The best-known park of Zhytomyr is named after Yuri Gagarin, located in the south of the city, at the left (northern) bank of the Teteriv river. It was formerly owned by the Baron de Chaudoir.

History

Legend holds that Zhytomyr was established about 884 by Zhytomyr, prince of a Slavic tribe of Drevlians. This date, 884, is cut in the large stone of the ice age times, standing on the hill where Zhytomyr was founded. Zhytomyr was one of the prominent cities of Kievan Rus'. The first records of the town date from 1240, when it was sacked by the Mongol hordes of Batu Khan.

In 1320 Zhytomyr was captured by the Grand Duchy of Lithuania and received Magdeburg rights in 1444. After the Union of Lublin (1569) the city was incorporated into the Crown of the Polish Kingdom and in 1667, following the Treaty of Andrusovo, it became the capital of the Kiev Voivodeship. In the Second Partition of Poland in 1793 it passed to Imperial Russia and became the capital of the Volhynian Governorate.

Following the Union of Lublin, Zhytomyr (known in Polish as Żytomierz) became an important center of local administration, seat of the starosta, and capital of Żytomierz County. Here, sejmiks of Kiev Voivodeship took place. In 1572, the town had 142 buildings, a manor house of the starosta and a castle. Following the privilege of King Zygmunt III Waza, Zhytomyr had the right for two fairs a year. The town, which enjoyed royal protection of Polish kings, prospered until the Khmelnytsky Uprising (1648), when it was captured by Zaporozhian Cossacks and their allies, Crimean Tatars. Its residents were murdered, Zhytomyr was burned to the ground, and all government files were destroyed. In 1667, Zhytomyr became capital of Kiev Voivodeship, and in 1724, a Jesuit school and monastery were opened here. By 1765, Zhytomyr had five churches, including 3 Roman-Catholic and 2 Orthodox, and 285 houses.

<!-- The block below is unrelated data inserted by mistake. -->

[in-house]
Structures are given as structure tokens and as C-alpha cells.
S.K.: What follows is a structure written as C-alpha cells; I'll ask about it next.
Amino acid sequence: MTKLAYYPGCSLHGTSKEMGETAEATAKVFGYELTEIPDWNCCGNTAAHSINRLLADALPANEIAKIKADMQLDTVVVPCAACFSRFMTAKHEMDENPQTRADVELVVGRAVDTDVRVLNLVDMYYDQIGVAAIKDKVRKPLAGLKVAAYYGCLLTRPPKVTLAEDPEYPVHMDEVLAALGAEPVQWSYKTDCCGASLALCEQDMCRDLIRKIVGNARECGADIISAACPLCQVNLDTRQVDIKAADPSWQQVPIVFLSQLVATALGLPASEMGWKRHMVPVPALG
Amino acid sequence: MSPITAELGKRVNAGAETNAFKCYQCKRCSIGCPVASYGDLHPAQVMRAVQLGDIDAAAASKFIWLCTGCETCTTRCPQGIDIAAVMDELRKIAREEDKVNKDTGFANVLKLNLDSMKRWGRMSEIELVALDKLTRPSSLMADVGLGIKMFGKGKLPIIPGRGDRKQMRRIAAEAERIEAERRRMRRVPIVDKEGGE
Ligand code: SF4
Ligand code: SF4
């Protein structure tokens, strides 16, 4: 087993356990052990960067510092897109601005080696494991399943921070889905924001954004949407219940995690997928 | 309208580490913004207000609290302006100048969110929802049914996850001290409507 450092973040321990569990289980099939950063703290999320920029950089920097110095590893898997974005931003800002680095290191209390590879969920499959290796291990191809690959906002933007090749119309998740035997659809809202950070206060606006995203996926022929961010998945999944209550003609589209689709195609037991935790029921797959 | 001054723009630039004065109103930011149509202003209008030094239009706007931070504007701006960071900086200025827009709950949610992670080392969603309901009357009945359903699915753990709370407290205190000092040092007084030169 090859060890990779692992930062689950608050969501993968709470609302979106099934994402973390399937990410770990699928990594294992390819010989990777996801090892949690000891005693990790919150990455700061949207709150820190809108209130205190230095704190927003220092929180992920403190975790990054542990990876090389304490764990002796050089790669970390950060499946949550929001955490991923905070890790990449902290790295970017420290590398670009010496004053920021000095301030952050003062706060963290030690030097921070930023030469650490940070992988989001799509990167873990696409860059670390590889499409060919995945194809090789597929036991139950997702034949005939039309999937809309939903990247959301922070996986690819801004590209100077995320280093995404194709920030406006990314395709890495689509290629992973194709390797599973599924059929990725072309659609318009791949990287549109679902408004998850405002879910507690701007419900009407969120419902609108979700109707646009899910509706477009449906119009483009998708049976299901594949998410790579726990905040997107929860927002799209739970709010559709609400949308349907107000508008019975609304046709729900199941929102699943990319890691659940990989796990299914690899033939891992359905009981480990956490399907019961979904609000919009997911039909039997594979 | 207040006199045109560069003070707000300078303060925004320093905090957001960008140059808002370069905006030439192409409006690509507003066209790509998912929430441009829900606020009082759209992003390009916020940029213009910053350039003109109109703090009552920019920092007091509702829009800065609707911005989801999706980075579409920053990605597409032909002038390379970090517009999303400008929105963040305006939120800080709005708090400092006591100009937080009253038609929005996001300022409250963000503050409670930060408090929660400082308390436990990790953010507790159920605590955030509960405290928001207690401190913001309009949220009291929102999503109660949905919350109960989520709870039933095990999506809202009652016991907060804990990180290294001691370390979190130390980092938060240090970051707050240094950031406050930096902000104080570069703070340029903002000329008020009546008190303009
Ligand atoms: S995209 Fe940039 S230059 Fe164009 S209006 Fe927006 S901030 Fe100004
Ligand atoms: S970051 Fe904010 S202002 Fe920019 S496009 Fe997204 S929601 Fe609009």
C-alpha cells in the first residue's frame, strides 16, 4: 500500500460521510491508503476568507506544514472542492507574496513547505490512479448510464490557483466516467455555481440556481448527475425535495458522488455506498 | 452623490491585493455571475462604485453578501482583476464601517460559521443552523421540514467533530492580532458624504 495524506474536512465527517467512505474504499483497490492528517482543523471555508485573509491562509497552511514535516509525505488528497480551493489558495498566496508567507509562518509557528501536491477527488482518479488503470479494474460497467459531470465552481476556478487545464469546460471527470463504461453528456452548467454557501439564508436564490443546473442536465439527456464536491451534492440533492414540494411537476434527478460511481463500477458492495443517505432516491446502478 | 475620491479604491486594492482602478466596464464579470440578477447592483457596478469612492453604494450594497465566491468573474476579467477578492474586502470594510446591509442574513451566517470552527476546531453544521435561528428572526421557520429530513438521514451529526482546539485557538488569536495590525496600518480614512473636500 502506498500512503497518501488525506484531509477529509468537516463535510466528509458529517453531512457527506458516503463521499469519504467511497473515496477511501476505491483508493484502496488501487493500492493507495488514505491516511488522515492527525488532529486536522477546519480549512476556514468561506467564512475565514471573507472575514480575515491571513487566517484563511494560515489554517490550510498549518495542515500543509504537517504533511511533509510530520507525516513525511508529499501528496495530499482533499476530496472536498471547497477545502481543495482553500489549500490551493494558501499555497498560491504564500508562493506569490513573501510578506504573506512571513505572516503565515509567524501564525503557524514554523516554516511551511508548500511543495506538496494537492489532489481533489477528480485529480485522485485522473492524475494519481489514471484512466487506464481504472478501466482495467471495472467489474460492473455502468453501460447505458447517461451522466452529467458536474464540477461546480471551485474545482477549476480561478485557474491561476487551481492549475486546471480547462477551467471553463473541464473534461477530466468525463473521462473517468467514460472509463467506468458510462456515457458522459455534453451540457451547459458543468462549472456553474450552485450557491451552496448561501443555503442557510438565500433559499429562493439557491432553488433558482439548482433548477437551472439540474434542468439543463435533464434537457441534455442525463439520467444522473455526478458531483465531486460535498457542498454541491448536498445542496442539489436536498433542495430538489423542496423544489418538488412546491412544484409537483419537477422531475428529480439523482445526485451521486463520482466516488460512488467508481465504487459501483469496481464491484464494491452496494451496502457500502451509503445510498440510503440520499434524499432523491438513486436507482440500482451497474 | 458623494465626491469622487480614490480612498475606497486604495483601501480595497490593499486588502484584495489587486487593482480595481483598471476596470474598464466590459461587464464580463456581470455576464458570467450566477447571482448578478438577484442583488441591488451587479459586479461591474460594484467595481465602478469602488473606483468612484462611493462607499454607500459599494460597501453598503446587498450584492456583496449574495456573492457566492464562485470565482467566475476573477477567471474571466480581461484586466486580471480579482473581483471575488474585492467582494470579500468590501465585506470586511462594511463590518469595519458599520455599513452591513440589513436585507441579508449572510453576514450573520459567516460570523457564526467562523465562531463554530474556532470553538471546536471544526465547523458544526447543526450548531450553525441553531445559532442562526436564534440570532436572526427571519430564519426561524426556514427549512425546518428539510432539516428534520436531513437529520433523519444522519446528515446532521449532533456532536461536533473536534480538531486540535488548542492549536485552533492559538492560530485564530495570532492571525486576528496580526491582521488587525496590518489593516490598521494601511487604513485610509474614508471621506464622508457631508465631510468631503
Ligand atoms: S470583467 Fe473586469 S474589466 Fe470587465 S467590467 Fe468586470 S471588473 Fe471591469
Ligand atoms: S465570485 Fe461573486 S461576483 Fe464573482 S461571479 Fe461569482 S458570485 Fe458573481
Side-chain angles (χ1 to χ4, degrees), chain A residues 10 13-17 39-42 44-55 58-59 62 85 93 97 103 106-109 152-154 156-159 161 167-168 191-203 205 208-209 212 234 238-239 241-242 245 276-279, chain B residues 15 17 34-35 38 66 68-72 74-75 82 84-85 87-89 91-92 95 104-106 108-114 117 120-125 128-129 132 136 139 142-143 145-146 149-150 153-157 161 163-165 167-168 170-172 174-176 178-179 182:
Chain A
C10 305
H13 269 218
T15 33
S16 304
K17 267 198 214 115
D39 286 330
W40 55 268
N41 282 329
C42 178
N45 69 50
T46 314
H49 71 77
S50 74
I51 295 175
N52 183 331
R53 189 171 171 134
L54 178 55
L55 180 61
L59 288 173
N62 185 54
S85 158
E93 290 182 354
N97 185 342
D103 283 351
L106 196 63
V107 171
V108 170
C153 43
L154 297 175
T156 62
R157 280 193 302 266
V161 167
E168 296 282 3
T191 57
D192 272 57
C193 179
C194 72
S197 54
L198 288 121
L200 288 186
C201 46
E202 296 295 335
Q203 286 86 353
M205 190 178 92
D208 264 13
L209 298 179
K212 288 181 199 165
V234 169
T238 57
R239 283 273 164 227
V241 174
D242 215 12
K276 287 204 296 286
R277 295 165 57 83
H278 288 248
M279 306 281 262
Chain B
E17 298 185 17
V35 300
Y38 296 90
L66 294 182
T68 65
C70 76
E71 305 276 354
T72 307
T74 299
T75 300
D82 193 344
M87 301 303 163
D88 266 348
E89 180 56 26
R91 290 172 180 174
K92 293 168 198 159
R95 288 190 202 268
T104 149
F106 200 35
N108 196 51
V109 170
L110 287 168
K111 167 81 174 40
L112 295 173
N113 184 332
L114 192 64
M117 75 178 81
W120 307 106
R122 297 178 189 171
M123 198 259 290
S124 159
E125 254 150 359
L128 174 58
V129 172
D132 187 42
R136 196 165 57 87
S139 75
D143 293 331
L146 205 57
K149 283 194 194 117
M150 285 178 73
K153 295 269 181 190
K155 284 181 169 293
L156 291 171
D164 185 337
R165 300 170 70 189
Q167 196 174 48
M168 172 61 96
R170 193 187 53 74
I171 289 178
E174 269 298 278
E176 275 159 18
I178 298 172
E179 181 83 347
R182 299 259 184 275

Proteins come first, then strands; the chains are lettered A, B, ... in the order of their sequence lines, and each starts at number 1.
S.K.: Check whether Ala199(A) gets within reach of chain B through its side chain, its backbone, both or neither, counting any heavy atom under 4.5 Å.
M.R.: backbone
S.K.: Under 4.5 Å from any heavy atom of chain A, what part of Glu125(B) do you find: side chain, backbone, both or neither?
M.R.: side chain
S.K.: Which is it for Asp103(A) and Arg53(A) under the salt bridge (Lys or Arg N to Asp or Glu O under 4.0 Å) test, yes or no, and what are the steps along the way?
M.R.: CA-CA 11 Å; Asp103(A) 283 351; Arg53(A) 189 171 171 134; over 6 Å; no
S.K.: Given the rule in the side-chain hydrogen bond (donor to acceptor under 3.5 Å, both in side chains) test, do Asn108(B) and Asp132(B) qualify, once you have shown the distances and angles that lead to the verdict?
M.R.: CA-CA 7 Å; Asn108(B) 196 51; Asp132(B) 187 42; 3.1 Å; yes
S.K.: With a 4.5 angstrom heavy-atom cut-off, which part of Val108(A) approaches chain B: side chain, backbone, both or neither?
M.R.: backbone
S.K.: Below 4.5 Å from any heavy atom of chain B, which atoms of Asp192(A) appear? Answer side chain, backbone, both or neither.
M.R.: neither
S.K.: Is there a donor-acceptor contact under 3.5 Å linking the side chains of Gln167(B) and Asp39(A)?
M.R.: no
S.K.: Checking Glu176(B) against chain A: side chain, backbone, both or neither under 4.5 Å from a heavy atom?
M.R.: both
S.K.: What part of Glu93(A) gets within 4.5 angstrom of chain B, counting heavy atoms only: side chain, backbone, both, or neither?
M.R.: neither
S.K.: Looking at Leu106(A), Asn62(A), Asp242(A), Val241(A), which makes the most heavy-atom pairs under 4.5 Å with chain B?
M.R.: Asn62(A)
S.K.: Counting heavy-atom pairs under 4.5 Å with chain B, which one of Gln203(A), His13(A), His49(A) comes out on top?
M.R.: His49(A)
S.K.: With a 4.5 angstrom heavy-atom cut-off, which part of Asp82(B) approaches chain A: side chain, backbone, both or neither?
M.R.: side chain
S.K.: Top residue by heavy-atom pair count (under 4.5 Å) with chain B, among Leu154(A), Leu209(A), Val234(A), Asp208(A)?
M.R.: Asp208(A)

In 1793 Zhytomyr was annexed by the Russian Empire, and in 1804 was named capital of the Volhynian Governorate. In 1798, a Roman-Catholic Diocese of Zhytomyr was established. During the January Uprising, the town was a stronghold of Polish rebels.

During a brief period of Ukrainian independence in 1918 the city was for a few weeks the national capital. From 1920 the city was under Soviet rule. Under Soviet rule a German National District was set up in the area for the German minority, according to Soviet minorities policy before World War II.

During World War II Zhytomyr and the surrounding territory came for two and a half years (first from July 9, 1941 to November 12, 1943 and again from November 19, 1943 to December 31, 1943) under Nazi German occupation and was Heinrich Himmler's Ukrainian headquarters. The Nazi regime in what they called the "Zhytomyr General District" became what historian Wendy Lower describes as "a laboratory for… Himmler's resettlement activists… the elimination of the Jews and German colonization of the East—transformed the landscape and devastated the population to an extent that was not experienced in other parts of Nazi-occupied Europe besides Poland. While… ultimately, the exigencies of the war effort and mounting partisan warfare behind the lines prevented Nazi leaders from fully developing and realizing their colonial aims in Ukraine… In addition to the immediate destruction of all Jewish communities, Himmler insisted that the Ukrainian civilian population be brought to a 'minimum.'"

From 1991, the city has been part of the independent Ukraine.

Population history
Year     Inhabitants
1861     40,564
1891     69,785
1926     76,700 (of whom 10,500 were Russians)
1939     95,100
1941     40,100 (Russians along with Poles, Jews, and Germans in minority)
2005     277,900